Following a recommendation by the American Concrete Institute (ACI), we now advocate using a lower water/cement ratio of .45 to produce better-quality cement that will withstand exposure to water, including occasional aggressive water. This means adding 5.1 gallons of water for every 94-pound bag of cement (and does not factor in the aggregate content).

This point is supported by studies conducted using the National Plasterers Council’s (NPC) research pools at California State Polytechnic University (Cal Poly) in San Luis Obispo. They show that a water-to-cement ratio of .46 produces better results (that is, less deterioration and discoloration) than does a water-to-cement ratio of .50.

3] Lower water-to-cement ratios also increase density and reduce permeability, porosity, shrinkage (craze cracking) and movement of water within the cement product, while higher water-to-cement ratios can result in a finished product that does not offer adequate protection or long-term durability against the natural effects of water and the environment.

Pool plaster is constantly submerged in water, so there is a distinct need to produce a less permeable cementitious surface. This is accomplished by reducing the amount of mixing water to an extent even greater than we recommended previously.

4] Plaster should contain as little calcium chloride set-accelerant as possible – and never more than two percent of the amount of white cement. (Colored plaster, of course, should not contain any calcium chloride.) It has been documented by PCA and cement researchers that using more than this amount increases the chances of gray discoloration, mottling and cement shrinkage. Helpfully, alternatives to calcium chloride that lack this downside potential are available.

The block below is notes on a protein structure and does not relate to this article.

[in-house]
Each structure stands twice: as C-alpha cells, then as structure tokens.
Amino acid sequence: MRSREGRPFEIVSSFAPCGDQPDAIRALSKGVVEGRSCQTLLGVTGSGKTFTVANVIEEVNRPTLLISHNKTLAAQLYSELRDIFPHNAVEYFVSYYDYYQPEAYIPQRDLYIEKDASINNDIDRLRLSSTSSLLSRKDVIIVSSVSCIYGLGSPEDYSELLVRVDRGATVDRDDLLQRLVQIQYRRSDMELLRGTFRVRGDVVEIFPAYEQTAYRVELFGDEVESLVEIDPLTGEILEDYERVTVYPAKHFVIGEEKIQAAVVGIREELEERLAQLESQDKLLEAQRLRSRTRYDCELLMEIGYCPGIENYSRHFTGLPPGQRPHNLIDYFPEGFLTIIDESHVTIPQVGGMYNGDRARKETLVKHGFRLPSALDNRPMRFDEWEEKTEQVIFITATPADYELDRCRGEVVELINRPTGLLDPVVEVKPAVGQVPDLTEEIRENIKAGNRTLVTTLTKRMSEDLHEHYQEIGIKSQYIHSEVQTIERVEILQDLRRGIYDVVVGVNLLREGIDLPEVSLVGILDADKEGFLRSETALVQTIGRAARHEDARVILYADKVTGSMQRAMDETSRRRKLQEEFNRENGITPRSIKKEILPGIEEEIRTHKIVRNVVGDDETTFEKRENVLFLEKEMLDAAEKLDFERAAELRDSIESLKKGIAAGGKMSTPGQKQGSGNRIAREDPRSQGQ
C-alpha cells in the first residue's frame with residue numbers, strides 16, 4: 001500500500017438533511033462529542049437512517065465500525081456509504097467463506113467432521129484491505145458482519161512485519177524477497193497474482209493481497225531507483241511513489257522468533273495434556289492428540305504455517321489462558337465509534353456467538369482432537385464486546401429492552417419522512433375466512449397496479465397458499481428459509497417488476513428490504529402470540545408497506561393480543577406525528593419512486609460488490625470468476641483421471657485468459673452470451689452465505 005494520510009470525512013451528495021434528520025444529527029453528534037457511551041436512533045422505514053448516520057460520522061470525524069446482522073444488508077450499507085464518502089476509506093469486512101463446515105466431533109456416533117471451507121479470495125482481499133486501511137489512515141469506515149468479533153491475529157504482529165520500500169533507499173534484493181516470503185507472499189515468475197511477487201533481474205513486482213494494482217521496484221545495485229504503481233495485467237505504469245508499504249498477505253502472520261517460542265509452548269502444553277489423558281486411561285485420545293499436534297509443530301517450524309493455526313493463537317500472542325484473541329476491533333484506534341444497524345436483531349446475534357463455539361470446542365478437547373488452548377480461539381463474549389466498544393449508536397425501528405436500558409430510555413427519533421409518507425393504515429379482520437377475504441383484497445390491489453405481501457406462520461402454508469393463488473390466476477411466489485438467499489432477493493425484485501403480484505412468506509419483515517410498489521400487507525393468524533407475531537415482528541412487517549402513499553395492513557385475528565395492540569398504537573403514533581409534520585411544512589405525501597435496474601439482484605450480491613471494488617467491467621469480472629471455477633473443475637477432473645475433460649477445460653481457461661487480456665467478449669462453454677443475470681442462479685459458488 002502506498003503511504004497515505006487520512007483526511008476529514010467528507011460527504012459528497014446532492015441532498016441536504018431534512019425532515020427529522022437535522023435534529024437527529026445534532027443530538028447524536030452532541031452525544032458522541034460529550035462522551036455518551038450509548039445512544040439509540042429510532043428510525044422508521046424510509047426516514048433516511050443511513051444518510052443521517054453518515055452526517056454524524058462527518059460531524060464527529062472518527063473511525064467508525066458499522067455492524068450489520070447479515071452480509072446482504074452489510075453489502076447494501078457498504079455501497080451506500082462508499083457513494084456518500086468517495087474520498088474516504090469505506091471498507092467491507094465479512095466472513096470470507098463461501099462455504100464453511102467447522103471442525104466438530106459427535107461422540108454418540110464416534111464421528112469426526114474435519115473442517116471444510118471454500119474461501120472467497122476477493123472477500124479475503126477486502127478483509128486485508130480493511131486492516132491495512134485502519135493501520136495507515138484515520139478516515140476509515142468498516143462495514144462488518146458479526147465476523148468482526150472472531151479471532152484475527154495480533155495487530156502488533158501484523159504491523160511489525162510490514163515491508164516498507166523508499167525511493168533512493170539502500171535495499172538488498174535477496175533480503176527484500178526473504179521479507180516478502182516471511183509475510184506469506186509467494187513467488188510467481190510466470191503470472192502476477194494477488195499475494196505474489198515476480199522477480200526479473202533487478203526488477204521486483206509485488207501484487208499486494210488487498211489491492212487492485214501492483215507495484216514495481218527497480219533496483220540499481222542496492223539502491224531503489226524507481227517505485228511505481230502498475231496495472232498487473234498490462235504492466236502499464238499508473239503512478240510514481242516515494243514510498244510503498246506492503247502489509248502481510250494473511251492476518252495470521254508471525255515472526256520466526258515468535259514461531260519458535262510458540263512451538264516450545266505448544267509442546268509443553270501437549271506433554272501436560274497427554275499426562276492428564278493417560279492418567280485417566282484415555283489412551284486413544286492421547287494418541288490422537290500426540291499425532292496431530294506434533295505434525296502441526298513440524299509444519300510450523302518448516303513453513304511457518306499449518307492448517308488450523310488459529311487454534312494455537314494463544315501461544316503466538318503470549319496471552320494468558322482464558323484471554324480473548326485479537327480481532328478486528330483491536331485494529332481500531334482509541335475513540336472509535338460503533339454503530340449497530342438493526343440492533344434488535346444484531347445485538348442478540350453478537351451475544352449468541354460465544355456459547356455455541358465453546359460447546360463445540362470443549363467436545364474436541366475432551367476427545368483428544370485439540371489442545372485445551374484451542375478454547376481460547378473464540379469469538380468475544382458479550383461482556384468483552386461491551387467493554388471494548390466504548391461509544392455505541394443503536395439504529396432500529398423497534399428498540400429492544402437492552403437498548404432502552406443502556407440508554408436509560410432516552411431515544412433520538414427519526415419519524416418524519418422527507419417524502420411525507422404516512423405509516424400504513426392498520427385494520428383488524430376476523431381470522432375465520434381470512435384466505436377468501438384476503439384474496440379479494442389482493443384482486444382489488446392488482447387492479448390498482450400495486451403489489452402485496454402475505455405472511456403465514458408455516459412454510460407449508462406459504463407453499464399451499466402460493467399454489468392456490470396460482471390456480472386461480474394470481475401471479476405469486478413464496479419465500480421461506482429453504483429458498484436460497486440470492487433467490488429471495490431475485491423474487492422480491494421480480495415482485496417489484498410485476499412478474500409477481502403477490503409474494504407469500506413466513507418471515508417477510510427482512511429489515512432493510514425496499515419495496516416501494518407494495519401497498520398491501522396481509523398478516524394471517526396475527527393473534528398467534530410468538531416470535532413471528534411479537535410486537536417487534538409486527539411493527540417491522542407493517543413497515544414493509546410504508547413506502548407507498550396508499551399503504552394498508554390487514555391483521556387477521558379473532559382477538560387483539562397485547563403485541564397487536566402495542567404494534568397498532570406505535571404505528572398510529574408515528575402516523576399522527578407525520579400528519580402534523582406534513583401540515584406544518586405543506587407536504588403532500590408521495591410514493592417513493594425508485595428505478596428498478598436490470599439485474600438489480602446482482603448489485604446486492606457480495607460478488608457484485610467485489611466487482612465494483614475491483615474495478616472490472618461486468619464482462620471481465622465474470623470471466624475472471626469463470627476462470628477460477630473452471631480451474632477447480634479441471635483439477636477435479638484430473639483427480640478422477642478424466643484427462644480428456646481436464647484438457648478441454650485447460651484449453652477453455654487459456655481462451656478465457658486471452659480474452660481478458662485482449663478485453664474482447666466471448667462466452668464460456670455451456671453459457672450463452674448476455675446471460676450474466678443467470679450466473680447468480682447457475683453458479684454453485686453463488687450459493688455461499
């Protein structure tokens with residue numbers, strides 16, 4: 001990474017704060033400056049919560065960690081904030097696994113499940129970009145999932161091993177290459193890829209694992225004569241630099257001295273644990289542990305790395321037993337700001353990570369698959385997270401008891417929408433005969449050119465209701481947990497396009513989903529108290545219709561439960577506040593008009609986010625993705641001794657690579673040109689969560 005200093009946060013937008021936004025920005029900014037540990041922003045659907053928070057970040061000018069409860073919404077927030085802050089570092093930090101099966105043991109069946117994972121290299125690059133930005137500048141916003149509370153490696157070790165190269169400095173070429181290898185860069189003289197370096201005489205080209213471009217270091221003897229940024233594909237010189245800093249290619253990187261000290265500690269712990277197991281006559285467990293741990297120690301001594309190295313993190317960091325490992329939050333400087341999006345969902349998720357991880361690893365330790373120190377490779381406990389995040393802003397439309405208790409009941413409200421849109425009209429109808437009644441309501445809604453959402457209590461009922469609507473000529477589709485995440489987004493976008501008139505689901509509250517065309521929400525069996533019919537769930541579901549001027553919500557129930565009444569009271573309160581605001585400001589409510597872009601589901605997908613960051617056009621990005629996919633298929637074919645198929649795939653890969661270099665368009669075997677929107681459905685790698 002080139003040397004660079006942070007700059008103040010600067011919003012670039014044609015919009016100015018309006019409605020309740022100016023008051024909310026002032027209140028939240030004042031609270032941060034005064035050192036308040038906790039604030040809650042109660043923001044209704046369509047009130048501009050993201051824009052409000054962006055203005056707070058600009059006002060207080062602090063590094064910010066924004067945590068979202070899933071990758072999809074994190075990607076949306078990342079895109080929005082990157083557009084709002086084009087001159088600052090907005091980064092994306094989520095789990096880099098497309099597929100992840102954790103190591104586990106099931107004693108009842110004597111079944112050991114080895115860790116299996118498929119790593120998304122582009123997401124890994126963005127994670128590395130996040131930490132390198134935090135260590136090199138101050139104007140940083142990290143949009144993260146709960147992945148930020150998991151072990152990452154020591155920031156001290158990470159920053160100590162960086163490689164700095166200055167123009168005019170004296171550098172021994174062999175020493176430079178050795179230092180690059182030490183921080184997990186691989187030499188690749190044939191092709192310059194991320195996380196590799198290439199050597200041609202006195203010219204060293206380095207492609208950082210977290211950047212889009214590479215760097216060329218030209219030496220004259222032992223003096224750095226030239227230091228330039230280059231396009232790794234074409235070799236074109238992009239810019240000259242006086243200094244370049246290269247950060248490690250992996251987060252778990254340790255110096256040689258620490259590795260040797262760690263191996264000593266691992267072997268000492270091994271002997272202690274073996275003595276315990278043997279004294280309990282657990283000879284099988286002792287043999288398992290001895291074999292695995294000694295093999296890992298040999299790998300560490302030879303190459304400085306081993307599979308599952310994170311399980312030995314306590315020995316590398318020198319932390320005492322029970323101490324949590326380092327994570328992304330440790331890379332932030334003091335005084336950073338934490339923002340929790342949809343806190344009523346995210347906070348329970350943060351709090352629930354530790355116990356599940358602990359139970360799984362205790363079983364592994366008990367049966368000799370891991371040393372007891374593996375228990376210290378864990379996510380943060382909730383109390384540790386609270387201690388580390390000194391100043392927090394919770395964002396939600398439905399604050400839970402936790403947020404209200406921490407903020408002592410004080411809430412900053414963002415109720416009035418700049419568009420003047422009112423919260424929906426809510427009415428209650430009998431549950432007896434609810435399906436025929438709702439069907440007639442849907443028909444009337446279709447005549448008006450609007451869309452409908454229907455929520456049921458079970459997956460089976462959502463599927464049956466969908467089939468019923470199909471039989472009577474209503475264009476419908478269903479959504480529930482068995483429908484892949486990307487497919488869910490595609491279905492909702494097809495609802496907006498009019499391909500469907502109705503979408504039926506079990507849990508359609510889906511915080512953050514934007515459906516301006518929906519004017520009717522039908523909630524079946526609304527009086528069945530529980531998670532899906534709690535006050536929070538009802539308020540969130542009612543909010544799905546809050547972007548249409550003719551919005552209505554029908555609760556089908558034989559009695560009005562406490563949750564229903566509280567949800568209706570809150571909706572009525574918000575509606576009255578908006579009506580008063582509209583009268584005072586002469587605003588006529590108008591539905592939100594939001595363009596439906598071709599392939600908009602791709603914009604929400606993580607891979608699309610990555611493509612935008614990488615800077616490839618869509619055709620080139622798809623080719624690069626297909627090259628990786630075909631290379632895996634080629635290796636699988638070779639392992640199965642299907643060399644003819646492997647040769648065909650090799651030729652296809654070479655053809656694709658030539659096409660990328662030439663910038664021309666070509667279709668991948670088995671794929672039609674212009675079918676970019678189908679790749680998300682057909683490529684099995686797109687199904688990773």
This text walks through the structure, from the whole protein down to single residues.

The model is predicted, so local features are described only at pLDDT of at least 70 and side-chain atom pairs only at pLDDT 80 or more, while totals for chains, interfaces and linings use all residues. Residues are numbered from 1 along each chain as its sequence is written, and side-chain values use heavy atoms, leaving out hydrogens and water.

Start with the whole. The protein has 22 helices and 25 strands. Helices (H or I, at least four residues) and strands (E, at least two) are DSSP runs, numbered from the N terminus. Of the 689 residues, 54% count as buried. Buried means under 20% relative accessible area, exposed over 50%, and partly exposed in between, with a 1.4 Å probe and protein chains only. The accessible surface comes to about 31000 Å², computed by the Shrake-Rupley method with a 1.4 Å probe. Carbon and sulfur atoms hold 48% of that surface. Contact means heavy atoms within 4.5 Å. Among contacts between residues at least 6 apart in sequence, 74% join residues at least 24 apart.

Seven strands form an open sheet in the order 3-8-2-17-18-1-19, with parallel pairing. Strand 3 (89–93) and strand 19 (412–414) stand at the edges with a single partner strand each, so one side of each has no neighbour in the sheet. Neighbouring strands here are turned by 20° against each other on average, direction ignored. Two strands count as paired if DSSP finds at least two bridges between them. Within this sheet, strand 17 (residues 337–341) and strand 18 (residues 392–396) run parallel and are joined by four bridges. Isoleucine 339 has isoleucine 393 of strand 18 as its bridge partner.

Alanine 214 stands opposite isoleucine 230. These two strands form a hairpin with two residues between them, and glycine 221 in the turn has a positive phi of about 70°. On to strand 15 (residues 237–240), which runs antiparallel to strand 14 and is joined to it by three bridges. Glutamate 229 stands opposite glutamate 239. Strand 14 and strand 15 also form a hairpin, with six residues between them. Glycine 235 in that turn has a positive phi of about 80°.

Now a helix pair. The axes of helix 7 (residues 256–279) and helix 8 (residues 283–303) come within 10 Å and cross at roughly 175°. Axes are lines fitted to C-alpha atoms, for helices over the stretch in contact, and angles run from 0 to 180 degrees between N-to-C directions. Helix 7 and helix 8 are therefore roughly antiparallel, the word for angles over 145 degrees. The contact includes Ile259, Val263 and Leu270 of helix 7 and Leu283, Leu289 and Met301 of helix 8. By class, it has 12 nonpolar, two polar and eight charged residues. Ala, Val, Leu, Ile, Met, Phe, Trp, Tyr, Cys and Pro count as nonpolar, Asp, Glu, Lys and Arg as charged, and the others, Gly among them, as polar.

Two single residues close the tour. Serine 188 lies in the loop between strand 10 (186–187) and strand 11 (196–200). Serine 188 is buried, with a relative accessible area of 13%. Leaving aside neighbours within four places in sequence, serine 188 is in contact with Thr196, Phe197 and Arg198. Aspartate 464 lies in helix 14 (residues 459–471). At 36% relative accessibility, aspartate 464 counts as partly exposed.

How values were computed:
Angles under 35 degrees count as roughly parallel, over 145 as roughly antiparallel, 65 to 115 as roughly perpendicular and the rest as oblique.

Calcium chloride is still used by many plasterers despite the fact it is known to cause excess shrinkage, micro-cracking and reduced durability as well as the graying of white cement. Indeed, the Cal Poly studies cited above indicate that when calcium chloride is applied at a 3-plus percent level in the plaster mix, severe cracking results. Studies have also shown that calcium chloride levels of less than 2 percent can still cause or contribute to mottling or spotting discolorations. Given all this, if a set-accelerating additive is needed, we advise using it at a level of less than 1 percent.

Decisions about the amount of calcium chloride to use as a set-accelerant are far from inconsequential: This blemished finish was analyzed by four different cement laboratories, and they concluded that the cause of the graying, cracking and spotting was the fact that the accelerant had been added at an excessively high level – about 3.5 percent – and that the surface had been wet-troweled.

And our recommendation is even stronger with colored plaster mixes, which should not contain any quantity at all of calcium chloride as a result of the severe blotching and mottling effects that will occur. This issue has been documented by PCA – and by an NPC study that indicates that adding calcium chloride to only a 1-percent level results in significant discoloration of colored pool plaster.

Conclusively, the manufacturers of color pigments declare that their color pigments and calcium chloride are incompatible and should not be used together. Note as well that organic color pigments are to be avoided: Chlorine water treatment can bleach out the color, so it is best to use inorganic pigments.